“[Al-Masudi] claimed that a magic papyrus imprinted with symbols was placed under each stone, after which a metal rod was struck against the stone to initiate the levitation process. According to Al-Masudi, the stone would be guided along a fenced path with metal poles placed on each side. Some believe these poles could have been used to create high-frequency sound vibrations, which would have been responsible for creating the levitation effects,” wrote Ancient Origins.
See much more in this incredible video from The Why Files:
Sound at Specific Frequencies
This is just one example from ancient history suggesting people could move large stones using sound. However, moving things would be only one use, and some say that sounds at certain frequencies could have been used for healing purposes and more, even to open portals.
For example, chambers inside the Hypogeum of Hal Saflieni on the island of Malta resonate with precise frequencies around 110 Hz.
According to research, listening to this frequency deactivated the language center in the brain and turned on the right side.
Likewise, chambers in the Great Pyramid of Giza can dramatically amplify sounds generated at certain frequencies.
More recently, in 2006, Alexander Golod constructed 17 fiberglass pyramids in Russia, claiming the structures themselves have healing powers. At the time, the tallest was 132 feet.
“Anyone in the vicinity of this pyramid,” he says, “will not become ill with cancer, AIDS, Alzheimers disease, or other sicknesses,” Golod claimed.
According to Golod, “the space around us has become distorted with the passage of time, leading to an increase in the incidence of disease, natural calamities and social unrest. He says the pyramids help restore the natural form of distorted space,” states AP (see video below).
Video about Alexander Golod by AP (watch on YouTube):
Profound Potential for Sound/Gravity Wave Tech
Generally, scientists would rebuff claims of pyramids healing people, but there are already real-world applications for sound in healing. For example, scientists have used acoustic signals and cymatics to generate heart tissue. Thus, sound is part of the “medicine of the future” already, as Edgar Cayce once said.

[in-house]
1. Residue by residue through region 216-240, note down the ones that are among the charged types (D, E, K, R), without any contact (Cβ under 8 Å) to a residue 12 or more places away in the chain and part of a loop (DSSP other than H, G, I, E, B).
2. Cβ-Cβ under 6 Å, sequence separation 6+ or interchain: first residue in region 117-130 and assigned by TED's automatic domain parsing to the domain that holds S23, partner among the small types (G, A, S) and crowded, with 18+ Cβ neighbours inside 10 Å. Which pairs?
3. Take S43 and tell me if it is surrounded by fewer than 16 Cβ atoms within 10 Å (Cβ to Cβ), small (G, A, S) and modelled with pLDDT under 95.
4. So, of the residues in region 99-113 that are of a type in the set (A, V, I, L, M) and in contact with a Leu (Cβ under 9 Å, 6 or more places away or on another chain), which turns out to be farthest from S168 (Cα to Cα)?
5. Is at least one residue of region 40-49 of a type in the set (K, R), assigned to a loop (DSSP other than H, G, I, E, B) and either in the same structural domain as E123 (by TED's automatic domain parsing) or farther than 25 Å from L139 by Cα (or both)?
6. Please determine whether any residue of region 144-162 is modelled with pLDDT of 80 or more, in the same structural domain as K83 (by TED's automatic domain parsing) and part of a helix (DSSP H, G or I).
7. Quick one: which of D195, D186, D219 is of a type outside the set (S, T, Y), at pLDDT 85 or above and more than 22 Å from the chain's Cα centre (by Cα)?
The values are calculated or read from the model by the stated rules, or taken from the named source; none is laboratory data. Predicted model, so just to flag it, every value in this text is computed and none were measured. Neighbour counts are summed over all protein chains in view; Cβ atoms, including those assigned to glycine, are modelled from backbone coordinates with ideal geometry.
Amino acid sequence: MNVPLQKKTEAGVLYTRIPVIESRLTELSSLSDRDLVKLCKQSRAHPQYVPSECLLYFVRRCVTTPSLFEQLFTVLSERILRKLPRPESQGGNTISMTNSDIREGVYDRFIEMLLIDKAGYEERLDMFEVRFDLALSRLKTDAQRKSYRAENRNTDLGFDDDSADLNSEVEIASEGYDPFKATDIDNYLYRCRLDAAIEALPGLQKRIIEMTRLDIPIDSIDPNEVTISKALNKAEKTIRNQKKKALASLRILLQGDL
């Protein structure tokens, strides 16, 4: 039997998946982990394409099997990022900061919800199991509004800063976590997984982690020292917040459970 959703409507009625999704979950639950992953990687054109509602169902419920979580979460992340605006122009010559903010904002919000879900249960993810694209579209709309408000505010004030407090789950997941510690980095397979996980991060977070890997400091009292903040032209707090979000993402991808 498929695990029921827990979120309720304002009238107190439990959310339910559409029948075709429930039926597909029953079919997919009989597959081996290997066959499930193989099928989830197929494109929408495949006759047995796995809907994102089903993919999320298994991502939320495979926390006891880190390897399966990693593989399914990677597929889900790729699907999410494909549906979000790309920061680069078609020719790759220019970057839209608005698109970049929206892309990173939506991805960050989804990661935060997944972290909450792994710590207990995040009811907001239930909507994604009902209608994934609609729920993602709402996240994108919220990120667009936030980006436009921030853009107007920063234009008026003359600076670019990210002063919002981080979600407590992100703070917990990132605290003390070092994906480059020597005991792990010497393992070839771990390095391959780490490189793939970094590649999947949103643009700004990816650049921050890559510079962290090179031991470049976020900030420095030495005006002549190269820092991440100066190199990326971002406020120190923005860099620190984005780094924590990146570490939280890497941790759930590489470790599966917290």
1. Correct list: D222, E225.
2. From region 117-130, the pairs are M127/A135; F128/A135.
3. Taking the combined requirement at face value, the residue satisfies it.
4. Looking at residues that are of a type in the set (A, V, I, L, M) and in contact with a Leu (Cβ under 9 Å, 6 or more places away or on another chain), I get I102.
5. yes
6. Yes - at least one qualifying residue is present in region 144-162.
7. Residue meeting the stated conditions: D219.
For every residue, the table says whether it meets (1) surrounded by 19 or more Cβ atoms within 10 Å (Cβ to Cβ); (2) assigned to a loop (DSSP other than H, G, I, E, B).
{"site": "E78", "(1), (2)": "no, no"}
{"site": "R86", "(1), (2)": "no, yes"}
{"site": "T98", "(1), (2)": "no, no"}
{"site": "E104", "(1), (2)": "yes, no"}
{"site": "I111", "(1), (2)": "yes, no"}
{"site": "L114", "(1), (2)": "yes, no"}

Also, wave technology could lead to incredible advances, not just sound waves. For example, a podcast with UAP experiencer and author, former US Naval service member Matthew Roberts recently suggested something compelling about gravity and waves. (Roberts was aboard the USS Theodore Roosevelt when they captured the famous Gimbal and GoFast UAP footage.)
After attempting to study the UAP method of propulsion, Roberts, a cryptologist, determined the craft used antigravity. As a cryptologist, he knew “quite a bit about signals” and how they “travel through the air.”
“I knew that signals travel in wave form,” Roberts said.
One day, driving home from work, Roberts listened to an NPR story about scientists who found that gravity exists in waves.
“…They were able to measure these waves of gravity as these two distant black holes were colliding. And I thought to myself, ‘That’s how signals work too.’ And I knew that if you broadcast in the same frequency as an unwanted signal, you could block that signal. And, so I thought, well, you could do that with gravity then, too, technically…and you could block that unwanted gravity signal. So it would have to be anti-gravitic technology.”
Thus, after thinking it through, Roberts concluded the UAP appearing near the ship were possibly using antigravity tech in this way. Certainly, wave tech will have profound implications for the future – a universe of Sci-Fi levitation (and antigravity?) made real.
You can listen to what Roberts said below:
Featured image: Hand with floating rock by StockSnap via Pixabay, Pixabay License